Wednesday, September 15, 2010

Why a Mosque at Ground Zero?

The latest poll shows Americans nationwide think 70% to 25% that Muslims have the right to build a mosque and cultural center near Ground Zero, but oppose it 63% to 28% as inappropriate.  New Yorkers oppose it 51% to 41%.

The non-Muslim supporters of the proposal are upholding 1st Amendment rights and the proud US tradition of tolerance and respect for all religions.  They also think this profound gesture of inclusiveness will mitigate ill feelings towards the US.  It is remarkable to see NY Mayor Bloomberg, a Jew and till recently a Republican, buck public opinion as a high profile and vocal supporter, at the cost of a steep drop in his popularity.  New Jersey Governor Chris Christie is similarly facing heat from within his own Republican Party for implied support by cautioning against an overreaction.

I appreciate such principled stands and my respect for Mayor Bloomberg has gone up immensely.  I also think a lot better of Gov. Christie whom I had regarded as a poor choice by NJ voters to replace Democrat Jon Corzine.

Still, I hold a different view, in line with most Americans who have a gut feeling about this.  I am opposed to the present location of the mosque for the following reasons:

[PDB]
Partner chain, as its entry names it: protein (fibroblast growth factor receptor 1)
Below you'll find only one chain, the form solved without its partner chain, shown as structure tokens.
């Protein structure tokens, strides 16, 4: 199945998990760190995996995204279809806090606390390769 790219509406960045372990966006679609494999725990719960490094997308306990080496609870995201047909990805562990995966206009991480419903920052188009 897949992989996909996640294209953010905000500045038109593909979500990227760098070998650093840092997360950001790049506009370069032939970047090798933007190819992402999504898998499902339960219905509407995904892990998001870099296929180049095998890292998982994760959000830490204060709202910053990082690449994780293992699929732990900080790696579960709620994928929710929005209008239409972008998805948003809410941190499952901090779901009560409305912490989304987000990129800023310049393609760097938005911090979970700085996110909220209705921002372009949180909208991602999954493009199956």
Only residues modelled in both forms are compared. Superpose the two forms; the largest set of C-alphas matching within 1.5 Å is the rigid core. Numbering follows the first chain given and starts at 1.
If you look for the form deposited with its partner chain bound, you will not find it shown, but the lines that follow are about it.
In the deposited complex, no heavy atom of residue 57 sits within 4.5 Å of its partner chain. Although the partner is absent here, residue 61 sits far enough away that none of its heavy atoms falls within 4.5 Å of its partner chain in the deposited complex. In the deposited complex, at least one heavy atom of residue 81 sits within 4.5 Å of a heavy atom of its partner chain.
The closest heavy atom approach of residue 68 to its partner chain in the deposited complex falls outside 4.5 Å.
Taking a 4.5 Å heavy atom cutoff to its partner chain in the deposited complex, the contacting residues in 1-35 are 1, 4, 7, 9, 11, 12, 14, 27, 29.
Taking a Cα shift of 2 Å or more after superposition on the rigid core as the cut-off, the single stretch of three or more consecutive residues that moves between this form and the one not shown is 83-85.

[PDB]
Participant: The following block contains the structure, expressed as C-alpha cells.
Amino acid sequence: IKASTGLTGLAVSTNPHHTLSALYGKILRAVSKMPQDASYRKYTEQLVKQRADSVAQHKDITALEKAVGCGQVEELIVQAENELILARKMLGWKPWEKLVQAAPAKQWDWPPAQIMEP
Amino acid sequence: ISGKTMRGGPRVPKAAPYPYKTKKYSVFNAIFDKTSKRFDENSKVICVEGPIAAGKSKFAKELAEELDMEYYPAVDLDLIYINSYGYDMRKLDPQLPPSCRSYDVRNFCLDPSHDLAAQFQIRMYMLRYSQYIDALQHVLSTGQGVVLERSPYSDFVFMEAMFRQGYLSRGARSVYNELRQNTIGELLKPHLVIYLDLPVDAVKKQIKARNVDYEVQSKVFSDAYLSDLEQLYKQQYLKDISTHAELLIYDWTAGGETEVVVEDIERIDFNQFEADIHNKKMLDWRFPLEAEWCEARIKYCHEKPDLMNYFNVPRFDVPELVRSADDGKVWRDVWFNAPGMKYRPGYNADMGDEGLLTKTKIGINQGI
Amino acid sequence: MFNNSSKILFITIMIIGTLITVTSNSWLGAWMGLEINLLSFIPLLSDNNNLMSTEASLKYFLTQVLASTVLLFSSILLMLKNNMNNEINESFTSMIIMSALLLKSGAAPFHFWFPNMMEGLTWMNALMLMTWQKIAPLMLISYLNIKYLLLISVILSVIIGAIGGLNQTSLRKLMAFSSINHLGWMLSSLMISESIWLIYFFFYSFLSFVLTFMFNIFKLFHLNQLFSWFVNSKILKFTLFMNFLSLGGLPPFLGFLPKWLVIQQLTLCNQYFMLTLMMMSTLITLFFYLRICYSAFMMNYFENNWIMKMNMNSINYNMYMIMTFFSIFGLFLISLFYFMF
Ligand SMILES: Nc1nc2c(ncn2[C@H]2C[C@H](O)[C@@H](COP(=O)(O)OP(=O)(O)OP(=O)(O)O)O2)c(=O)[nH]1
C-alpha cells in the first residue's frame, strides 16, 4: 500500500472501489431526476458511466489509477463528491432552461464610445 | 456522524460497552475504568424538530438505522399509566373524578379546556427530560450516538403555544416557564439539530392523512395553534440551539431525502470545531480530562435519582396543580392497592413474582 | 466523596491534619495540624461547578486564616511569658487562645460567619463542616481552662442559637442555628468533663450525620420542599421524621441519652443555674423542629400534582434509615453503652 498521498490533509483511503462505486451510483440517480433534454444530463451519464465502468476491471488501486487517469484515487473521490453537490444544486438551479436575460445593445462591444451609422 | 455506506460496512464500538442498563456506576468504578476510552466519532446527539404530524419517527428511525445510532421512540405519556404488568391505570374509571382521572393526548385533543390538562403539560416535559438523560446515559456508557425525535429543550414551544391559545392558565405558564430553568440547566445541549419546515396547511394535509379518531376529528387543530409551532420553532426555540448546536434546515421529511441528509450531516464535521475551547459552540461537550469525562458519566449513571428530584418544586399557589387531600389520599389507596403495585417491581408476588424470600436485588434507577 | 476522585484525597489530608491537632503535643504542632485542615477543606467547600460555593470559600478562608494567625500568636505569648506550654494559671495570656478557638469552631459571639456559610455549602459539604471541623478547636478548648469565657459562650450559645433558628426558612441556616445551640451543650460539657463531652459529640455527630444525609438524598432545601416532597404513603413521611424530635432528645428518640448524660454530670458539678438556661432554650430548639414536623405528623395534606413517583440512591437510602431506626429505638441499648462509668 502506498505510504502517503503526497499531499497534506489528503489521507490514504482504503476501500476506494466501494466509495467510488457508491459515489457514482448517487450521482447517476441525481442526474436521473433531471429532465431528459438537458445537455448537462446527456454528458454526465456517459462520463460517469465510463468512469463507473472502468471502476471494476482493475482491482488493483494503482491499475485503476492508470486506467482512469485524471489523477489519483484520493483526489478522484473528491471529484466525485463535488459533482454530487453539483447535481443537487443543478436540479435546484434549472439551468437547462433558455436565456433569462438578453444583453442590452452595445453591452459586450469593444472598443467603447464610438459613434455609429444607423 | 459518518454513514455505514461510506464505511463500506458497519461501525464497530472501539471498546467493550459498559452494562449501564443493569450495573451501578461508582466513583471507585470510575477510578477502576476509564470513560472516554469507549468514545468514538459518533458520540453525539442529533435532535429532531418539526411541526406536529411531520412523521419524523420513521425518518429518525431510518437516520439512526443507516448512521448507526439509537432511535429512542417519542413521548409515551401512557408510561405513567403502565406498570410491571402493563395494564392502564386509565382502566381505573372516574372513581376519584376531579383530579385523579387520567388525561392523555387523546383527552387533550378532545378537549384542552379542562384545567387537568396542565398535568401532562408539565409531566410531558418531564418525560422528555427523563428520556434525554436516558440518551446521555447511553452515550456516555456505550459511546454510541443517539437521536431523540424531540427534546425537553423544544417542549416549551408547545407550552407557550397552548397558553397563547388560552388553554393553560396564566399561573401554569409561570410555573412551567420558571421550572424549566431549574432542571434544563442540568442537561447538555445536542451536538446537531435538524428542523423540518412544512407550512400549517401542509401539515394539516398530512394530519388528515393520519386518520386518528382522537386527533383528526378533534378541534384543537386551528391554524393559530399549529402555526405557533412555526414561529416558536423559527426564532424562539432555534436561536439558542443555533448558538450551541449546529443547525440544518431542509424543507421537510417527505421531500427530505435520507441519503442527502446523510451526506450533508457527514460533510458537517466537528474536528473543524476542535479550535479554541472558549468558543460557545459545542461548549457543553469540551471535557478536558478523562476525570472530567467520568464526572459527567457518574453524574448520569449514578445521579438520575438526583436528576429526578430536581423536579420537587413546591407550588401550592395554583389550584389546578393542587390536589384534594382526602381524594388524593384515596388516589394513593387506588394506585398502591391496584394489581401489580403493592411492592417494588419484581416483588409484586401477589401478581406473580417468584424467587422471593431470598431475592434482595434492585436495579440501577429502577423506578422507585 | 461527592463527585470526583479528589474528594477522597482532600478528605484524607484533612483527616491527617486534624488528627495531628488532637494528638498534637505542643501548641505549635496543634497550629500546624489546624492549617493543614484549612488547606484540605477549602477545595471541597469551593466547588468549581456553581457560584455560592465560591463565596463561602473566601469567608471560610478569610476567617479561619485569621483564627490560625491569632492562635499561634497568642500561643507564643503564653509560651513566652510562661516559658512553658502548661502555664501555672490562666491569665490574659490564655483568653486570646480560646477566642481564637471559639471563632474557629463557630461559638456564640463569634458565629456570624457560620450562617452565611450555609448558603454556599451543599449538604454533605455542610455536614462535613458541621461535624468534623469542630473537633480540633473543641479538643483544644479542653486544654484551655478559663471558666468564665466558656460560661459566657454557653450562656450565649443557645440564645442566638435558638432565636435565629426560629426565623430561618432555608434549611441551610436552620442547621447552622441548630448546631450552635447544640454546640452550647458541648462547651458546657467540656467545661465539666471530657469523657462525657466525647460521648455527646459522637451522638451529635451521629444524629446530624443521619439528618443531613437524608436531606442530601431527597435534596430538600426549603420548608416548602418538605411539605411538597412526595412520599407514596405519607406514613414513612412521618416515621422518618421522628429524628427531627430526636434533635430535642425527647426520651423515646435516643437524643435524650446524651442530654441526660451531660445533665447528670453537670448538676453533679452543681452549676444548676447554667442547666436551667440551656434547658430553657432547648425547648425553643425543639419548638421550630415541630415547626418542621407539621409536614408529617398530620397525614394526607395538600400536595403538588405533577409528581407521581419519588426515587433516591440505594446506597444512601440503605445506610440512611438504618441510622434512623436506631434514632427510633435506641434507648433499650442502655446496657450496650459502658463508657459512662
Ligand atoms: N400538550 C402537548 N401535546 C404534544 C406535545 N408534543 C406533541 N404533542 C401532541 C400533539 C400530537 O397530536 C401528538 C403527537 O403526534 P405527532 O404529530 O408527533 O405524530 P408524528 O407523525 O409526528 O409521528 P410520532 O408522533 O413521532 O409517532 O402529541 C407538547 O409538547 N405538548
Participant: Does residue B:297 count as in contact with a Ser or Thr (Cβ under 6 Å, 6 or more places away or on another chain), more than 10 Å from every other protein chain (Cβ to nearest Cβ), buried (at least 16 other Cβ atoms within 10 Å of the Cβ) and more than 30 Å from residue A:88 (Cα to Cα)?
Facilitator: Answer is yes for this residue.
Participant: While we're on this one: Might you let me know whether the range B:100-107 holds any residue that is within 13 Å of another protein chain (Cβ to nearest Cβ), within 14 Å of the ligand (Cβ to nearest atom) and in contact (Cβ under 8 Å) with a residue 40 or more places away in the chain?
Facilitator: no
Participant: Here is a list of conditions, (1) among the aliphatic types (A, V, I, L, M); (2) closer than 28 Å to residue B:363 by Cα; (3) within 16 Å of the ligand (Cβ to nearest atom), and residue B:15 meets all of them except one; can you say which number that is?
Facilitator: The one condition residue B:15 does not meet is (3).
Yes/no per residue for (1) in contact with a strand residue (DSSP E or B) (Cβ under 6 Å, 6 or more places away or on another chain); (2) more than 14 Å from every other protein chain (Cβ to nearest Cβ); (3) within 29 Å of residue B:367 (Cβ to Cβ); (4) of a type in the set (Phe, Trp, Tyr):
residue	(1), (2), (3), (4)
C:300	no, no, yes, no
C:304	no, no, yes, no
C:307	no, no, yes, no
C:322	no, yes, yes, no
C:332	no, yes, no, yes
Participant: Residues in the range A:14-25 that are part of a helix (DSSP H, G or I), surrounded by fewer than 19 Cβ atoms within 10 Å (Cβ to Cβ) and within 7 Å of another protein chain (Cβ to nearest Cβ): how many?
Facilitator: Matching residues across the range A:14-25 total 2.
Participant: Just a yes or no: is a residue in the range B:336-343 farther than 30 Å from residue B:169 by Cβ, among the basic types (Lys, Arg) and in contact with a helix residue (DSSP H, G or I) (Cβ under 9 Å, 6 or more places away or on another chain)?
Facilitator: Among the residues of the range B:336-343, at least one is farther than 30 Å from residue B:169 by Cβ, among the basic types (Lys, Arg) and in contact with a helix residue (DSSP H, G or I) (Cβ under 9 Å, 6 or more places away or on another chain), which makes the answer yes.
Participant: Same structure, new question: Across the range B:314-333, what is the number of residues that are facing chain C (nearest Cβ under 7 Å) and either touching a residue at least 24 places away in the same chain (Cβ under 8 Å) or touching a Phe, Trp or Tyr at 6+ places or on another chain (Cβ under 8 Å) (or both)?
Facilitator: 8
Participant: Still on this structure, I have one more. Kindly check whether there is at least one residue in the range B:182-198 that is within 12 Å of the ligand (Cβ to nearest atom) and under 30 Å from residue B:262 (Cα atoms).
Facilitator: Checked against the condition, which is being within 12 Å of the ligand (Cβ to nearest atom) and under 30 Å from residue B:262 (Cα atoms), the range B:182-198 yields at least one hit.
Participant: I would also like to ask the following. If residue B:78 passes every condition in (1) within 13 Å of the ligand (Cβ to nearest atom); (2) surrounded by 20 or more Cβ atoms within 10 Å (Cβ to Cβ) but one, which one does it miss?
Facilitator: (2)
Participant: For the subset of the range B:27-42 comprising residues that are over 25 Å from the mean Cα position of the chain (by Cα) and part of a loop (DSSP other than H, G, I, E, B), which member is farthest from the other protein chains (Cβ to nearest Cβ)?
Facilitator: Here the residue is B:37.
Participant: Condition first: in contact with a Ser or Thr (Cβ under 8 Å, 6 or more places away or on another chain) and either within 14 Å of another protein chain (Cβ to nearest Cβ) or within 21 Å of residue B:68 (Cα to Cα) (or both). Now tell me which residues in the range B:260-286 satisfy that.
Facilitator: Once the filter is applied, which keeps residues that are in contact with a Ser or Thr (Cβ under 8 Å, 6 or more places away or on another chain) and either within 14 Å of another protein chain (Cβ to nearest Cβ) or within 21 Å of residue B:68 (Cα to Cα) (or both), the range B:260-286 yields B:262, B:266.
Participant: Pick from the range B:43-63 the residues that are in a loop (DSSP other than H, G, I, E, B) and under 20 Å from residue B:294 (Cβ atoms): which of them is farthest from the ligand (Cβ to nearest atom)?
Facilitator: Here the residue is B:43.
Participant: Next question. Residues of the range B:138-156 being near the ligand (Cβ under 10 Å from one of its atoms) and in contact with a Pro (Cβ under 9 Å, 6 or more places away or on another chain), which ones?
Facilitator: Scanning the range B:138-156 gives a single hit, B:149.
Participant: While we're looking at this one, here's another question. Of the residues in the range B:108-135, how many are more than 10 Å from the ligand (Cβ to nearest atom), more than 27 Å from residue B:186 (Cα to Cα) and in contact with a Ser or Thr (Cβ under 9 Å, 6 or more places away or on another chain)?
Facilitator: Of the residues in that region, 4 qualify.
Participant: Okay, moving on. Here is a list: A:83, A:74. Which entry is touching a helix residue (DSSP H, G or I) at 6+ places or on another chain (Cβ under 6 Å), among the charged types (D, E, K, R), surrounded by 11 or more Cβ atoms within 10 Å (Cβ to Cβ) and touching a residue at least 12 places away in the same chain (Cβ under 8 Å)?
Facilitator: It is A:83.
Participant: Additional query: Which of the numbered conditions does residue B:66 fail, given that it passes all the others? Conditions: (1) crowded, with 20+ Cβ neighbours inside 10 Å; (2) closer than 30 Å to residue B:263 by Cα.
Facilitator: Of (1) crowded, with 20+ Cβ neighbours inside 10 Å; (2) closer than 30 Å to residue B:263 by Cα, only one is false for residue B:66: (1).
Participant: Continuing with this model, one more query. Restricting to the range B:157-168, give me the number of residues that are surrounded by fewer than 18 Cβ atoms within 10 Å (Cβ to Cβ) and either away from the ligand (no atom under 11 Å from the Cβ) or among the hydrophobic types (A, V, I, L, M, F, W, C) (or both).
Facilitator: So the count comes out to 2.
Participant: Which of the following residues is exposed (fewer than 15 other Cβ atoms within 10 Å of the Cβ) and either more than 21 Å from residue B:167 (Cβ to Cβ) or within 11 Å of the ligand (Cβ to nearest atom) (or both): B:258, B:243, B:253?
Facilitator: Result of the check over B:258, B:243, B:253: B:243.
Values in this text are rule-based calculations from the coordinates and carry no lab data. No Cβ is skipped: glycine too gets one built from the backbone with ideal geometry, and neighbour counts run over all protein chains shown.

• Why here?  The site was deliberately chosen right next to Ground Zero.  The decision to locate the mosque here is not in spite of the tragedy at Ground Zero, but because of it. In other words, if there had been no 9/11 attack on the World Trade Center, there would not have been any plans for the mosque right here.
  • The stated intent behind building the mosque here is not believable.  The planners claim to want to foster better relations between others and Islam, and to help people have a better understanding of this faith.  How can they not have anticipated the adverse reaction?  They say they are surprised by it, and Imam Rauf claims had they known this would happen they wouldn't have proposed this.  Even assuming that is true, now that they do, they should look elsewhere.  Rauf a couple of days back said he opposes this as it would create a violent Muslim backlash round the world.  That reasoning again sounds false.  What's the religious significance of Ground Zero for Islam, that its proponents insist on building right here?
  • Sensitivities to a mosque next door have a subtle aspect.  They go beyond the fact that the 9/11 attackers all happened to be Muslims.  It's that they committed this act in the name of Islam.  Of course the vast majority of Muslims found this to be reprehensible, but they will empathize and won't mind if the mosque is a located a few blocks further away. 
  • Erecting a mosque here is unlikely to discourage terrorism, and could arguably work the opposite way.  Who said the jihadists and religious terrorists are perfectly reasonable, rational people?  The planners say the gesture of allowing a mosque here would weaken or win over radicals because the US would be seen as Islam-friendly.  That could certainly be the way many Islamists may see it.  But jihadist recruiters could also feed religious fanatics the line that the "sacrifices" of the 9/11 attackers led to this mosque being built, and more of such "pious" acts are needed to help spread Islam.